Category: "Hoar frost"

Film frost grains and radiative cooling of the ground

December 10th, 2017

December 8th brought the first frost to the Seattle area. This doesn't mean that this is the first time this season that the ground reached 0 degrees C or lower. True, we had gotten snow in late November, though this by itself doesn't mean the ground reached 0 C because snow deposition differs from frost formation. The snow was below zero when it formed in the air, but for the rest of its existence, it could have been melting and the ground itself likely sped up the process by remaining slightly above 0 C. But in contrast with the snow, for frost to form, the ground itself must cool below 0 C.



When I used to put out some metal plates with recording thermocouples, I didn't see visible frost until about -5 C, but that was based on just a handful of measurements. Anyway, what this means is that we may have had a few mornings with some patches of ground (including anything connected to the ground) dipping slightly below zero but with no obvious frost appearing. Also keep in mind that "ground temperatures" reported at weather stations are 1.5-2.0 meters above the ground, and thus may be 5-10 degrees C warmer at night than some ground patches. Why? At night, the ground cools by radiating, and if the atmosphere is not radiating much down, then considerable cooling happens. This is why clear nights are the ones with the most frost or dew.



Anyway, here is one shot of some of this "first frost" on my car window.

Film frost grains and radiative cooling of the ground


The image shows patches of different texture. These regions differ in texture because they are tiny hoar-frost (i.e., vapor-grown) crystals of differing size or orientation. That is, they stick up differently in different patches. They stick up differently because they sprouted off of a thin layer of film-frost that had a different crystal orientation. So, the patchy look comes from the different grains in the film-frost. See some of my previous posts with diagrams about this phenomena (category: "film frost"). Here is one with particularly helpful diagrams.

http://www.storyofsnow.com/blog1.php/choppy-waves

-- JN

Concentric Film Frost

October 25th, 2017

October 16, 2017, the first frost of the 2017-18 winter as far as I know. Frost in Eastern Washington anyway, those of us on the west side of the Cascade Mts have not gotten any yet. Marc Fairbanks, an avid nature observer from the mountains near Cle Elum, sent me the following shot (click on the image to fully appreciate the pattern).

Concentric Film Frost


This is primarily film-frost, that is, is based on ice that formed when liquid film froze. But as I discussed in a previous post, some important growth processes here also occur through the vapor phase:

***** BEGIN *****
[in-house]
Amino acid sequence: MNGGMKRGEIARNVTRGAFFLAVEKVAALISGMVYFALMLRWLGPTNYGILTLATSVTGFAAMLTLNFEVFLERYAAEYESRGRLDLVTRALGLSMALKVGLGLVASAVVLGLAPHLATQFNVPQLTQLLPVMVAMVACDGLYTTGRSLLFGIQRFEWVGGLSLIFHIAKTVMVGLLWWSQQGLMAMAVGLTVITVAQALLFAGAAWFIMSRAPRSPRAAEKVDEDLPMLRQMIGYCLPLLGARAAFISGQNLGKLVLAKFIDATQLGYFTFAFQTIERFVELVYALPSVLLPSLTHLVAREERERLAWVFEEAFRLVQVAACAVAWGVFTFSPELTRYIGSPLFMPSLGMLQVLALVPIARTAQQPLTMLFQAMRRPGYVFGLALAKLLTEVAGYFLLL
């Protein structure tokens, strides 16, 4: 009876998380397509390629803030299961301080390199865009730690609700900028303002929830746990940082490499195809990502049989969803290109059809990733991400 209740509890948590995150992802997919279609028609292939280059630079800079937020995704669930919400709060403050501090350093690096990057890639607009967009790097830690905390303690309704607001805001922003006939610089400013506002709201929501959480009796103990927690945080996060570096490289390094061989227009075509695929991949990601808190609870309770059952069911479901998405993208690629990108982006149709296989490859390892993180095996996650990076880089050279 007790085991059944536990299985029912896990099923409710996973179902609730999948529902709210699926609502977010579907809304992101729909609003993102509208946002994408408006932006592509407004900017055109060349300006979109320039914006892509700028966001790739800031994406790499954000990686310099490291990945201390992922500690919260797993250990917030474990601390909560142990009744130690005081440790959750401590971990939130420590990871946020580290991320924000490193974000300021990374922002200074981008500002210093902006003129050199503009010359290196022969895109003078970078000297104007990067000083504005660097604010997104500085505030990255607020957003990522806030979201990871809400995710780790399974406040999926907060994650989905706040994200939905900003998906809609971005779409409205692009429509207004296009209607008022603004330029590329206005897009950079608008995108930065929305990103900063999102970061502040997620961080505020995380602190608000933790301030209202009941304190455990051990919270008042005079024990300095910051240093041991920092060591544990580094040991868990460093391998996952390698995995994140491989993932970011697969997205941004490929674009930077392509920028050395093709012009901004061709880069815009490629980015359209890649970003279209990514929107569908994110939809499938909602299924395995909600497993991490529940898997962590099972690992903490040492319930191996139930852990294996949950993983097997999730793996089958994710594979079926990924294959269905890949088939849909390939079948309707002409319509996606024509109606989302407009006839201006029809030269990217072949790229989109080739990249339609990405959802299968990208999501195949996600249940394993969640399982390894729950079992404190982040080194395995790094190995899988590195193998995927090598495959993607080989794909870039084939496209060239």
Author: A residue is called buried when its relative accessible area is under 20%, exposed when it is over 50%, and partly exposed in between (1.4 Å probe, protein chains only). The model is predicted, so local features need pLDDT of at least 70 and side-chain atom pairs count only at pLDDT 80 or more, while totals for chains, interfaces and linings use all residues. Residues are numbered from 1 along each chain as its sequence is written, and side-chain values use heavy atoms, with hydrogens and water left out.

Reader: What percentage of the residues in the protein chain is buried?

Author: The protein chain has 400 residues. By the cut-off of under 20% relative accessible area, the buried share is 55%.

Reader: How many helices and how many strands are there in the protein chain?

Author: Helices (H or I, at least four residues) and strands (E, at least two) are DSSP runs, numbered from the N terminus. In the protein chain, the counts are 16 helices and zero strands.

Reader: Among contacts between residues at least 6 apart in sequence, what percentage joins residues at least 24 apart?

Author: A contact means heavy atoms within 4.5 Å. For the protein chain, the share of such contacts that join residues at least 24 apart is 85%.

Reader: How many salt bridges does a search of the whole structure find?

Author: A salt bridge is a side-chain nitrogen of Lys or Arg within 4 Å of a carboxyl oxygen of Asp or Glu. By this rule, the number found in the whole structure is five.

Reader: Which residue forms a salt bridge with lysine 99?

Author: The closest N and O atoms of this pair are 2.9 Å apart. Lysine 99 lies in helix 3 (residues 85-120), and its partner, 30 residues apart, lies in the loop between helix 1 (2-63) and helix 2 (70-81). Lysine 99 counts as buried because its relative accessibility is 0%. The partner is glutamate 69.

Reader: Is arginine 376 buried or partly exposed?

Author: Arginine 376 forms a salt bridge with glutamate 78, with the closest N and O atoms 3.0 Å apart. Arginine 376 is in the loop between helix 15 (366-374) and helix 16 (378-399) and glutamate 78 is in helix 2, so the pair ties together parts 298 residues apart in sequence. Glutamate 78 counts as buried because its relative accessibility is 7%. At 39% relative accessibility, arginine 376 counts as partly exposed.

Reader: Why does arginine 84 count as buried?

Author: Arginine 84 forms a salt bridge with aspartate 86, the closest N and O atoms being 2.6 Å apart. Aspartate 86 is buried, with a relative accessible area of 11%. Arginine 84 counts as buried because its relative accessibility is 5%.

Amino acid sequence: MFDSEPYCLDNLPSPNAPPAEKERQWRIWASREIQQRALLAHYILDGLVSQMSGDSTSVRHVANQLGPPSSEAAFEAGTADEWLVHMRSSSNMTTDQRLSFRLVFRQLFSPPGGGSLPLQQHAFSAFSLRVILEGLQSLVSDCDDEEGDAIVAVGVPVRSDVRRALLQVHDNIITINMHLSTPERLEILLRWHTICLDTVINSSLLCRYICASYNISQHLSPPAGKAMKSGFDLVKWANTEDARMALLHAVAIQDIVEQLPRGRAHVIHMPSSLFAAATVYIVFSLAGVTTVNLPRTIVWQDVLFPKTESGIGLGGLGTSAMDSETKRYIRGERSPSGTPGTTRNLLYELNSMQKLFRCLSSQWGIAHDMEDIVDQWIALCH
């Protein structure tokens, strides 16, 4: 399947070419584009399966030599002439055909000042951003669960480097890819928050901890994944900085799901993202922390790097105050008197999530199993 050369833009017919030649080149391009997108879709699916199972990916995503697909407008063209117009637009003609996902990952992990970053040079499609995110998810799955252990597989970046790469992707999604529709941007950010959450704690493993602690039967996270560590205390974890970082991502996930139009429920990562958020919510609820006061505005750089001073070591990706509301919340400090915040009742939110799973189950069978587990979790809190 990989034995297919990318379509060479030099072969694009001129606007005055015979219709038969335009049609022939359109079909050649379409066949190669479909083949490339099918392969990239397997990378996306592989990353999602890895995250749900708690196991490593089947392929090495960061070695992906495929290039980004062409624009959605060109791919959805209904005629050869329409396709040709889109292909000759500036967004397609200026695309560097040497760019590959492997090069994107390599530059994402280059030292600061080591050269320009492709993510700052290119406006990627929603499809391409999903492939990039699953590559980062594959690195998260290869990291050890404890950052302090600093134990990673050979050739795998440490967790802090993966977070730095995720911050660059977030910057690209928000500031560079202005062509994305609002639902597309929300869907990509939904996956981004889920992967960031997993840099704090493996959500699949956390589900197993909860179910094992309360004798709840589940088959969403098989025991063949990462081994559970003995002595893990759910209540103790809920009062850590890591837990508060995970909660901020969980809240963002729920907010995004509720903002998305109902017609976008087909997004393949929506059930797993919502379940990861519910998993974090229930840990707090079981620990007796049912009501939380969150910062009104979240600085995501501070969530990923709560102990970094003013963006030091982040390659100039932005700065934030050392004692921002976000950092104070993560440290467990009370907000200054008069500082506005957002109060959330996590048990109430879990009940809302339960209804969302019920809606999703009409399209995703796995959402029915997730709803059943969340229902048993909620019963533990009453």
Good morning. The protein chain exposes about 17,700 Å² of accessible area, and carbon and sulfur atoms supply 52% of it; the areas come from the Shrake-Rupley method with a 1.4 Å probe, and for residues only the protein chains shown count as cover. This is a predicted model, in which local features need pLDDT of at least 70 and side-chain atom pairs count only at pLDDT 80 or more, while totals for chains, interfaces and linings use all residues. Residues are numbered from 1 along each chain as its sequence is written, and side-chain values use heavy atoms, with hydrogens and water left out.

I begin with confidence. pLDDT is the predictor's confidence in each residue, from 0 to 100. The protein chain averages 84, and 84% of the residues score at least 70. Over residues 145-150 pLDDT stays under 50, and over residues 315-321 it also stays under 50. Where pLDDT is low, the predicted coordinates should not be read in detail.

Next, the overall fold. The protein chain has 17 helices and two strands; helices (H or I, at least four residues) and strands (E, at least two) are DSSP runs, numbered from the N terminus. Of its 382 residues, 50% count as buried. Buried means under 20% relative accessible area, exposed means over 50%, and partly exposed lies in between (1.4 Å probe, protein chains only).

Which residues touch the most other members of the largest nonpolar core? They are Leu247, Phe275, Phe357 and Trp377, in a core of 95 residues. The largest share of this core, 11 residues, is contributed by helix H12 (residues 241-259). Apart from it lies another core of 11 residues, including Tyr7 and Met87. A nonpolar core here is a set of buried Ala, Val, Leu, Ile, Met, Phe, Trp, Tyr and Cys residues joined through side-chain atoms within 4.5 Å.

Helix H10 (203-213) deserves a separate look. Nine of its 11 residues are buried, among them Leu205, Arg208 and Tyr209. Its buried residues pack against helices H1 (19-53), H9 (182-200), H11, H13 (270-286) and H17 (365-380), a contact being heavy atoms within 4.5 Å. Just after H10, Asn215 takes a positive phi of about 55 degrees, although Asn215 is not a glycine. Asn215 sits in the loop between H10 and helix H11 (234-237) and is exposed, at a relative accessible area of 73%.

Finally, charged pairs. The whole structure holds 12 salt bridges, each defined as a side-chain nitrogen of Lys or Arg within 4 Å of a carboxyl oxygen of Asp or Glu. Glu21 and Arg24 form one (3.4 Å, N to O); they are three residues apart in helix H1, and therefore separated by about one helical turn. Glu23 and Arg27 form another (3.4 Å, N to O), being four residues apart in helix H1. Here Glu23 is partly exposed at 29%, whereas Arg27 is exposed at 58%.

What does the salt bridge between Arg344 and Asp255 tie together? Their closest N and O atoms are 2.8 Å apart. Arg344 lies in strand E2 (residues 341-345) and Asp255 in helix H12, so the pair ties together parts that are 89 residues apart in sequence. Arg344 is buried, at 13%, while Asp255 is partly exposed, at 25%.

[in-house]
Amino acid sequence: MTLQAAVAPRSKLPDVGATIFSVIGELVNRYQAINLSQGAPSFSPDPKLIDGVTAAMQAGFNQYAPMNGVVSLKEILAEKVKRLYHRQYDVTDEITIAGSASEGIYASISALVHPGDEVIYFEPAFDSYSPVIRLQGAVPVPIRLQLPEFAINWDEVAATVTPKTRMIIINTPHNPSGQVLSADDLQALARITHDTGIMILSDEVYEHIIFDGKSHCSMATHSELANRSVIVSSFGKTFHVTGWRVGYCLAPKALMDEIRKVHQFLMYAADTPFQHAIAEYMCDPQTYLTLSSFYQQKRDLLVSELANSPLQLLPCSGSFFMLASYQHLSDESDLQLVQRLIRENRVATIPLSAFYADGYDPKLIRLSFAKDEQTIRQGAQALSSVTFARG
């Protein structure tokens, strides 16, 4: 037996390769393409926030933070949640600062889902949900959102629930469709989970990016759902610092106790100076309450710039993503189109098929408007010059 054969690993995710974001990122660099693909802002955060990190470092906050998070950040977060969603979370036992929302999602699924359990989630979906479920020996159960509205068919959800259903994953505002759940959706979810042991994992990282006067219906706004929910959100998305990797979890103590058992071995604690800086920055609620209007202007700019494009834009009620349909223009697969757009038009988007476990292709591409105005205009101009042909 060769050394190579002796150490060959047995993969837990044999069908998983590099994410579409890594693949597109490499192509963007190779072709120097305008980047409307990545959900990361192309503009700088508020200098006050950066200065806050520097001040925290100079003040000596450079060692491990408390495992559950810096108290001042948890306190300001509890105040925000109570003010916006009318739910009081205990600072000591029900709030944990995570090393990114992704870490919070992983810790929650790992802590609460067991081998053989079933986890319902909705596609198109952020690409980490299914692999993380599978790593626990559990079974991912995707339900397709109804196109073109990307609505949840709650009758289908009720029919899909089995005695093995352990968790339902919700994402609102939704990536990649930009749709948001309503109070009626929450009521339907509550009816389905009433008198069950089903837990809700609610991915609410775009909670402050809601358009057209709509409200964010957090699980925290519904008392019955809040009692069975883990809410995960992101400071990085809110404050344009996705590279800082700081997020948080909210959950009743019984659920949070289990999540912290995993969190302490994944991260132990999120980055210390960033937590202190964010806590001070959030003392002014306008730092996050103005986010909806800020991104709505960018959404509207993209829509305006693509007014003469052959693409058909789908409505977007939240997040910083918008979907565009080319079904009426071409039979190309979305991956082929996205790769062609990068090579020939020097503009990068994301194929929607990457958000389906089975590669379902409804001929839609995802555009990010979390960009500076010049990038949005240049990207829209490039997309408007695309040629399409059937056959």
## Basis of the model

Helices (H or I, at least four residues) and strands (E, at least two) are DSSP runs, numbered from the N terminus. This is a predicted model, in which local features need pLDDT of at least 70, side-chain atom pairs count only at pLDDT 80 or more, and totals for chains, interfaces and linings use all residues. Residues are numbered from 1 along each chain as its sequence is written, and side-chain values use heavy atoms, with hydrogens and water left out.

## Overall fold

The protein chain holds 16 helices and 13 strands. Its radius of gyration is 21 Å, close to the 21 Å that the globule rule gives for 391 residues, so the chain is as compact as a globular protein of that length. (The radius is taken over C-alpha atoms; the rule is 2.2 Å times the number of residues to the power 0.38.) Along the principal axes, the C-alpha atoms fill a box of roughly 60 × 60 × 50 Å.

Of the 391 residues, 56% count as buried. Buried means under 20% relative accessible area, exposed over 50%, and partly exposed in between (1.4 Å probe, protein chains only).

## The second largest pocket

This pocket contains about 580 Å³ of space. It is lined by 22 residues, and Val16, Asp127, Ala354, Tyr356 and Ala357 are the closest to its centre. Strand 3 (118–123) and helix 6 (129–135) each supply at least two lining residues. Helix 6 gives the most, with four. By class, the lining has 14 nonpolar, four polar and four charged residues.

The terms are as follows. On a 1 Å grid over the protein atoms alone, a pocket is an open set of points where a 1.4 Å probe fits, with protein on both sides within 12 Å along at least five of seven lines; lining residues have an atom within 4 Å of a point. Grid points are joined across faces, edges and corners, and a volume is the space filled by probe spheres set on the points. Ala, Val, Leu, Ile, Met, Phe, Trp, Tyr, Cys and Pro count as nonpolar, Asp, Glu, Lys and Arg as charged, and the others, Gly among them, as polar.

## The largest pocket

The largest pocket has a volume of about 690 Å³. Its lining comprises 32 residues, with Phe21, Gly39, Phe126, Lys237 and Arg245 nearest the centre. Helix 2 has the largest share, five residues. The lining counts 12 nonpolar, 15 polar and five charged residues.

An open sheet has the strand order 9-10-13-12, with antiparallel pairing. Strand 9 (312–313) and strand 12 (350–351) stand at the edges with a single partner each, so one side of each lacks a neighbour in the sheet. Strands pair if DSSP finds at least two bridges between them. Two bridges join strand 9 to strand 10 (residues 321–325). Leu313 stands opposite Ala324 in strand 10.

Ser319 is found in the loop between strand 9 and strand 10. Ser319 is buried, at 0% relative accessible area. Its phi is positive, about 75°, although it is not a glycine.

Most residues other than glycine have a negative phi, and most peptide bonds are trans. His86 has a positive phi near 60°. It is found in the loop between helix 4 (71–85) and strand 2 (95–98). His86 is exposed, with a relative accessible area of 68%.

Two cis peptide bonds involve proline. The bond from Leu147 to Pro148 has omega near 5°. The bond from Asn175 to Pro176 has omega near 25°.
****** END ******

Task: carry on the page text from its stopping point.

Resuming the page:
http://www.storyofsnow.com/blog1.php/crystal-to-crystal-communication-through-vapor-and-heat

I had even earlier noted some "ripple" patterns on a windshield and mused about their formation:

http://www.storyofsnow.com/blog1.php/ripples


As I'll discuss next, there are some other illuminating observations here.

Full story »

Glaze-rime Ice Buildup Facing Creek

November 23rd, 2014

Here's a reed of some sort, with a glaze of clear rime on the side facing a creek. How did the clear ice get there, and what is the white ice on top of it?


The fact that the clear ice is just on the side facing the creek indicates that the ice came from droplets blown off the creek. To have the ice buildup just on the side means that the droplets must have frozen soon after landing, but slow enough to spread out and fill gaps.

So, the droplet must have been larger than typical cloud droplets, and the temperature must have been within a few degrees of freezing. Clearly, the flowing water must have been above freezing, so the droplets must have cooled to below zero while drifting through the air.


A closer shot shows that the outermost ice, the white ice, is hoarfrost. Only hoarfrost would show the flat crystalline facets. Definitive proof that that ice grew out of the vapor that was blowing by. You can also see some hoar on the other side of the reed.

--JN

A Change in Habit

November 23rd, 2014

The two main growth modes of snow and hoar (i.e., ice growth from the vapor) are columnar and tabular. In columnar, the shape is long and thin, like a pencil or cluster of pencils (bound snugly with a rubber band). In tabular, the shape is plate-like or fan-like. When a crystal form has an easily expressed shape, like a column or plate, we say it has a certain habit.

In hoar frost that had been growing for several nights, I saw some that had changed their habit.


On the first night, when the vapor was more plentiful, large columnar forms appeared. This habit grows between -3 and -8 C. On a subsequent night, the temperature got colder, below -8 C, leading to tabular growth. More vapor exists out near the ends, so this is where we see the tabular habit.